Philippe Paquet Tech blogging from Los Angeles

24Sep/08Off

The $5000 meeting

One the company I was working for regulary held large high level meetings. We would take an afternoon and review a good part of the product portfolio. In addition of the peoples responsibles for the products, all the executives, vice presidents and most of the directors were present. The CEO will arrive in the meeting room, look around and quietly comment "very expensive meeting". Of course, he was right. If we were to add the hourly rate of all the peoples present, I have no doubt that we would be far from a $5000 meeting. Now, did we get any value for spending $5000 on a meeting. Sometimes we did and sometimes we didn't.

A very common problem is ownership. Very often, peoples expect the highest ranking person in the room to run the meeting. Why not? He's the highest ranking after all. Well, that's wrong. If you call it, you own it. If you call a meeting, it is your responsability to run it and by that I mean the following: It is your responsability to keep discipline in the meeting. It is your responsability to keep everyone focused and more importantly, it is your responsability to get an outcome. Who's going to do what? If that is not clear for everyone, you wasted time and money.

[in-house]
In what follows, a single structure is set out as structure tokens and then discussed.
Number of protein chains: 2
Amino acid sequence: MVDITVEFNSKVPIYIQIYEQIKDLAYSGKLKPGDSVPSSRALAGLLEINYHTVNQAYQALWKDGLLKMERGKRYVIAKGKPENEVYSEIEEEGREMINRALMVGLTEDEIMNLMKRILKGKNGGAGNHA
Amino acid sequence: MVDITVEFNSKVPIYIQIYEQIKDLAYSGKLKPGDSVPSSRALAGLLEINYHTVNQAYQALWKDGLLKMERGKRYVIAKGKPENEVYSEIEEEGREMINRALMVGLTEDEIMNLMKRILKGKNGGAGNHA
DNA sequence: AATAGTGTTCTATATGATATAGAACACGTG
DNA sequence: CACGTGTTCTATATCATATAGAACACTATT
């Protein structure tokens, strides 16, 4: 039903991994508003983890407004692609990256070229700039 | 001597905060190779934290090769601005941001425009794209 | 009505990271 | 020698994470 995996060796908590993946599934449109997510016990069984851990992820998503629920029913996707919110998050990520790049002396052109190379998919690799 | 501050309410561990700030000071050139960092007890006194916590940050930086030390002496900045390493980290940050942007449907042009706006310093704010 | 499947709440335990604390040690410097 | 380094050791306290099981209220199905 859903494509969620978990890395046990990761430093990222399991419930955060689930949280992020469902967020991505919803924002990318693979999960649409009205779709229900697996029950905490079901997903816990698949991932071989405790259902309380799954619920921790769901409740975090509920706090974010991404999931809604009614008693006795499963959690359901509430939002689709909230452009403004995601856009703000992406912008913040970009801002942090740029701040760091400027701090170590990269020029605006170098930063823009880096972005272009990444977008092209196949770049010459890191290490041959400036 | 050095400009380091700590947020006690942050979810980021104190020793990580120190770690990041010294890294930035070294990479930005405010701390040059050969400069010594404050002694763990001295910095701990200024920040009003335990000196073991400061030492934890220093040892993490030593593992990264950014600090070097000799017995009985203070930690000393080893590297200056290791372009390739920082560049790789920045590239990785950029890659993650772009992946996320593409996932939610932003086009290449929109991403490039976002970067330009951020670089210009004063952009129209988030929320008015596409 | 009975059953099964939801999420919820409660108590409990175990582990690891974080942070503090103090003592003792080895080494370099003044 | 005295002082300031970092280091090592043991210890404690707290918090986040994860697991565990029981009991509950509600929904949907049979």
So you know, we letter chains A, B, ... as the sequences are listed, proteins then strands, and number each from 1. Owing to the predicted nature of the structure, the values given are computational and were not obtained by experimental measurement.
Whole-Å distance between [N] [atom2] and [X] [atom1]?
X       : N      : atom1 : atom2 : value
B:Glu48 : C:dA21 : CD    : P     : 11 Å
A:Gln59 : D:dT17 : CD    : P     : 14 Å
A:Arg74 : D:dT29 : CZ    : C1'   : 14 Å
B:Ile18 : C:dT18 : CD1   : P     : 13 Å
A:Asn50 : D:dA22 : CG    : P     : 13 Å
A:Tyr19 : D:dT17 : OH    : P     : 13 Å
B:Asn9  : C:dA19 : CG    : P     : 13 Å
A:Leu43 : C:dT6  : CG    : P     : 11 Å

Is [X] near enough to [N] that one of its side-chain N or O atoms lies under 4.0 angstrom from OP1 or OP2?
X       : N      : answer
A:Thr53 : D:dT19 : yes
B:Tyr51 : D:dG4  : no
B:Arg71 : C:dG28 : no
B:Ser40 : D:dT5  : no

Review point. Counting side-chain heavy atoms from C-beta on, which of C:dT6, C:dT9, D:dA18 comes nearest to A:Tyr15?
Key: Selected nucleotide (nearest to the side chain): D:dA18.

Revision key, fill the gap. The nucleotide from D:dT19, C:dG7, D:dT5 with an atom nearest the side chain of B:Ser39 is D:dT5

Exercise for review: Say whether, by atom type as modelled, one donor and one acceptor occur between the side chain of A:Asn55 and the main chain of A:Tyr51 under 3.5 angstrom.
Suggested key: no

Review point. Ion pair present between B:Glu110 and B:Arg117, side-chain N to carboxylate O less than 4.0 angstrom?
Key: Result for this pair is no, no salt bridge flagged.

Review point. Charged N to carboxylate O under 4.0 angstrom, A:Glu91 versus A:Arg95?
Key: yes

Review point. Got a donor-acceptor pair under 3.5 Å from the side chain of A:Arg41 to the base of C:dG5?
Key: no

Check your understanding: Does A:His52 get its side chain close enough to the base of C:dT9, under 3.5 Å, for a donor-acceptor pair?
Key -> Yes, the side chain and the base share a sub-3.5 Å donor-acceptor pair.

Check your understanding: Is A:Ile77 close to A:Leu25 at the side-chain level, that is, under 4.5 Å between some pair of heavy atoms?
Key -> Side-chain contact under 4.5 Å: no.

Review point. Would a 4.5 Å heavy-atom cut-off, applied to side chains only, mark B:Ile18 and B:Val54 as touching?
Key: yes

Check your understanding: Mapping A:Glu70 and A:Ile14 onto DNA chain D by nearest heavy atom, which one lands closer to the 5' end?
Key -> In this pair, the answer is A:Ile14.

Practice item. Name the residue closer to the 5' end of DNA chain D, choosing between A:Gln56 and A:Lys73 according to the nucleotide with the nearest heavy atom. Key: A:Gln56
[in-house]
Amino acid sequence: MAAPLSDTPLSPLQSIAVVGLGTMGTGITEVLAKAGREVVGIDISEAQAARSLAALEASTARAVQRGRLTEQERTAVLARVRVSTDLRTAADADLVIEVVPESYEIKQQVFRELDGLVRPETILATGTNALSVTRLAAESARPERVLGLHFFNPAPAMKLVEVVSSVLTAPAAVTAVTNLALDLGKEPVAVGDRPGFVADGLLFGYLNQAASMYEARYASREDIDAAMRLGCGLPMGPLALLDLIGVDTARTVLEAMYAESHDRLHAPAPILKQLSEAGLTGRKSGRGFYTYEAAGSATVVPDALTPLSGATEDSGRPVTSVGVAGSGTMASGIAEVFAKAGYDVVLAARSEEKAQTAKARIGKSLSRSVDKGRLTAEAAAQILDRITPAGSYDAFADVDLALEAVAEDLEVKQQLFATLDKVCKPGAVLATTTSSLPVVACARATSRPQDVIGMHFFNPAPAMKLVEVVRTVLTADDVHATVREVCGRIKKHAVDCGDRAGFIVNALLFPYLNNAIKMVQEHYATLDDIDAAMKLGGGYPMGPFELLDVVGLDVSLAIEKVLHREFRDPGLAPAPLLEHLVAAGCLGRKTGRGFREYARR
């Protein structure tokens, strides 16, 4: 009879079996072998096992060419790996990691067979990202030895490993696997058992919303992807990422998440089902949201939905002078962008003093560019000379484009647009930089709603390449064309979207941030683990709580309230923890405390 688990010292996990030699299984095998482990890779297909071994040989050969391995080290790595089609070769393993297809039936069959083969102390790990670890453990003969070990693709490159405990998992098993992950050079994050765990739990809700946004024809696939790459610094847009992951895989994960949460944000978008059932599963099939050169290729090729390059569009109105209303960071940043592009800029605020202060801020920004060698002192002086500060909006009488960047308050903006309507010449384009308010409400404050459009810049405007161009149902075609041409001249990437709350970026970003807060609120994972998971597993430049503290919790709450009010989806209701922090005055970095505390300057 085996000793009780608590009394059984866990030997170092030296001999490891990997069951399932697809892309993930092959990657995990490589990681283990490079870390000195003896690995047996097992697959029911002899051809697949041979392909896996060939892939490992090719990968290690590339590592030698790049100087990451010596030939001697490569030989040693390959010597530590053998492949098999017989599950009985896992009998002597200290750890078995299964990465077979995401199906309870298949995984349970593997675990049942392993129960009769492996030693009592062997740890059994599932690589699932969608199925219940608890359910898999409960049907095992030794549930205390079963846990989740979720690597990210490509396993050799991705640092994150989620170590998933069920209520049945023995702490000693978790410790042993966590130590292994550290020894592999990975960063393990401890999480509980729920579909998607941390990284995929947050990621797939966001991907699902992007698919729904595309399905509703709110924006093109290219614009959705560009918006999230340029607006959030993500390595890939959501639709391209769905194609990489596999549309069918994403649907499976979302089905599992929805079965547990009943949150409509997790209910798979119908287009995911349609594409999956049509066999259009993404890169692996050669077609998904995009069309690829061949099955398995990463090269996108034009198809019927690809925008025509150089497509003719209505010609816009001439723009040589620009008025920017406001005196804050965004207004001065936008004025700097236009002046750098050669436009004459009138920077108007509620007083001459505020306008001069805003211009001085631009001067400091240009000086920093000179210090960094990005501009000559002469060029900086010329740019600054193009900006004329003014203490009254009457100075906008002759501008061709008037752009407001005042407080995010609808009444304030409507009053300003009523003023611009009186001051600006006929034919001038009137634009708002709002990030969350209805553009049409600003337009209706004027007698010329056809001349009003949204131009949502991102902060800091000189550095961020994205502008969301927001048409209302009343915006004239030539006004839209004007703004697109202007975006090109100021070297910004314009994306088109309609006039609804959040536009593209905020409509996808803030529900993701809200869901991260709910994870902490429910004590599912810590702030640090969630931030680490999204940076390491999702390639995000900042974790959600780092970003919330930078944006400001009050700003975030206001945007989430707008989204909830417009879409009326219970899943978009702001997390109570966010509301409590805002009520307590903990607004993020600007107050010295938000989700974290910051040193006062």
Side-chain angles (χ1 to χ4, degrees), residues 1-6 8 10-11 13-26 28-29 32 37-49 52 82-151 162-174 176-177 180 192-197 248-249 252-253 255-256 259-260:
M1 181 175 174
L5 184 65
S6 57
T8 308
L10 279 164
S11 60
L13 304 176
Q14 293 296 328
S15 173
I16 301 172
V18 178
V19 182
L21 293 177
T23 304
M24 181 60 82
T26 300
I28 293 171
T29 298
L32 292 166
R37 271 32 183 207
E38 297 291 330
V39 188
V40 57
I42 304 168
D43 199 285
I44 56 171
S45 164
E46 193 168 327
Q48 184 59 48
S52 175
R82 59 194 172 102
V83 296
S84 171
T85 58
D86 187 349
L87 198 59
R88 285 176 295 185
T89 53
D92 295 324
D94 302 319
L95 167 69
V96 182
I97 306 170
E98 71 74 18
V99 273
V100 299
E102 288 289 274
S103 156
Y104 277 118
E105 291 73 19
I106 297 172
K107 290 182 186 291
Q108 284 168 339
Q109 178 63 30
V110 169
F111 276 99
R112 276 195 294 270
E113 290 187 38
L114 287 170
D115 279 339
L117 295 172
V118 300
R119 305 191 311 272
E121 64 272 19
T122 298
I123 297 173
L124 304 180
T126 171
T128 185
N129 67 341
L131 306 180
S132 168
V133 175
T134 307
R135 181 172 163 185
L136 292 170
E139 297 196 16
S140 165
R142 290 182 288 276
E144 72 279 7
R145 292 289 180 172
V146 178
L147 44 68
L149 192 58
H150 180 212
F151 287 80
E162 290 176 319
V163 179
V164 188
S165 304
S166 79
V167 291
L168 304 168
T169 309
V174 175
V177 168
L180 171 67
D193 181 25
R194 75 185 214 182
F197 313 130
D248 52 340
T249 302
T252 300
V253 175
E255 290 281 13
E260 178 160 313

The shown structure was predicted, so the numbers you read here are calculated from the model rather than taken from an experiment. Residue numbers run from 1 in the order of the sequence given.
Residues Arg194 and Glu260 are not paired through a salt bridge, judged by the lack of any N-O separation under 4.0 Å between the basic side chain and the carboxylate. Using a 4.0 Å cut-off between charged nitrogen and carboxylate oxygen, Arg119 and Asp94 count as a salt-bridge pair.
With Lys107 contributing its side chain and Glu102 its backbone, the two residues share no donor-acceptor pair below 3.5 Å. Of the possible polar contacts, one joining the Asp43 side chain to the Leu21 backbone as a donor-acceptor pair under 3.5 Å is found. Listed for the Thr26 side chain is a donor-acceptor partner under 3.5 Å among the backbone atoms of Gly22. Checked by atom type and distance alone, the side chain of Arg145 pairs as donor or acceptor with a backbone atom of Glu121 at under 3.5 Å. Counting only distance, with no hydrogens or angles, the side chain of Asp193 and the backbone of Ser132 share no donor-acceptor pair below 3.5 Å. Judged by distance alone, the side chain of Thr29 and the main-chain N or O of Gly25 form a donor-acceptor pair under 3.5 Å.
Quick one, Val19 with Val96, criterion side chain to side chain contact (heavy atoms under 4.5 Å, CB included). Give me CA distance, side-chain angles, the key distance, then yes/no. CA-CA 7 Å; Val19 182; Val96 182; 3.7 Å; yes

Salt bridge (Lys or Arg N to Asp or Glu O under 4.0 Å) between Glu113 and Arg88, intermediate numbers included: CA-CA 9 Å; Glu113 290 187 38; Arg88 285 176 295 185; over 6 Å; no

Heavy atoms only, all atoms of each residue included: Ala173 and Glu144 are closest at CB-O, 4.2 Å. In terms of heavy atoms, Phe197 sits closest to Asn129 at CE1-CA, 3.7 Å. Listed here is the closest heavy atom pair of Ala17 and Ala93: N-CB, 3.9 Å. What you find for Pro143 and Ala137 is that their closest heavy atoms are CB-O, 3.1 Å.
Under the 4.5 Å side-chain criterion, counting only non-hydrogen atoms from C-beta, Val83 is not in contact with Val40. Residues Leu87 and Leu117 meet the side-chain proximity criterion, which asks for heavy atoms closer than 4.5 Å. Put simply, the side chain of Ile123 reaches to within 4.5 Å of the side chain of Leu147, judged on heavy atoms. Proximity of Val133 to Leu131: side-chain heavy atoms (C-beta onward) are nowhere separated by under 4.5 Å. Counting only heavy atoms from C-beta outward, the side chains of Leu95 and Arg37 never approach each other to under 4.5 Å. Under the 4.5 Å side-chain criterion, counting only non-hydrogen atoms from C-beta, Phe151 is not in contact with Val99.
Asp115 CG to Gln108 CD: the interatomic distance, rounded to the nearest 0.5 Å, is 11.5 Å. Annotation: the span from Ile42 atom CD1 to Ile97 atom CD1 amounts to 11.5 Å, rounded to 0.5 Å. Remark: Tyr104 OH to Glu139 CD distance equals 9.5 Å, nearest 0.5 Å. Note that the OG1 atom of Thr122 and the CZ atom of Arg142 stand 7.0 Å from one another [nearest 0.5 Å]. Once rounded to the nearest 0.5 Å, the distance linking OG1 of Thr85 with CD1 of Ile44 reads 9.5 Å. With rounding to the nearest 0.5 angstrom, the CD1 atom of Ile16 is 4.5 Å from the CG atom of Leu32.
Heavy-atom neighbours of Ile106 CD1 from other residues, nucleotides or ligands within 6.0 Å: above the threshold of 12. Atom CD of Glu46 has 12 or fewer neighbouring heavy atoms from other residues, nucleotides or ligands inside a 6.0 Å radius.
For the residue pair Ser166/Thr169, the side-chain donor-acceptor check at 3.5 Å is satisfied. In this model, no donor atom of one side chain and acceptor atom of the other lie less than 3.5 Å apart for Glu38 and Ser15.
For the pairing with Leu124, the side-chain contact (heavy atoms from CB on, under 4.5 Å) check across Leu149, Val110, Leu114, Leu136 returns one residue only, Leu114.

Another common problem is the 5000 people meeting. Let's invite everybody, just in case of. Maybe they need to know what we're going to discuss about? Maybe I would get a promotion if the executives see me solving problems? Again, that's wrong. You don't want to waste people's time and company money. You should only invite people that are necessary to get an outcome. First of all, make sure that your meeting invitation clearly state what you are going to talk about and what you are expecting as outcome of that discussion. That way, not only you will give the people you invite a chance to decide if their presence is required or not but you will have attendees that are prepared for the discussion to come. Then, instead of inviting people that won't have an involvment in getting an outcome, consider sending them meeting minutes. You keep meeting minutes, don't you?

So, save your company some money and save your co-workers some time by doing the following:

  1. Only invite peoples that are required to get an outcome.
  2. Make your meeting invitation clear, specifying what you are going to talk about and what outcome you expect.
  3. Own the meetings you call by keeping discipline, keeping focus and making sure that you get an outcome.
  4. Send minutes to the people that need to know about it.
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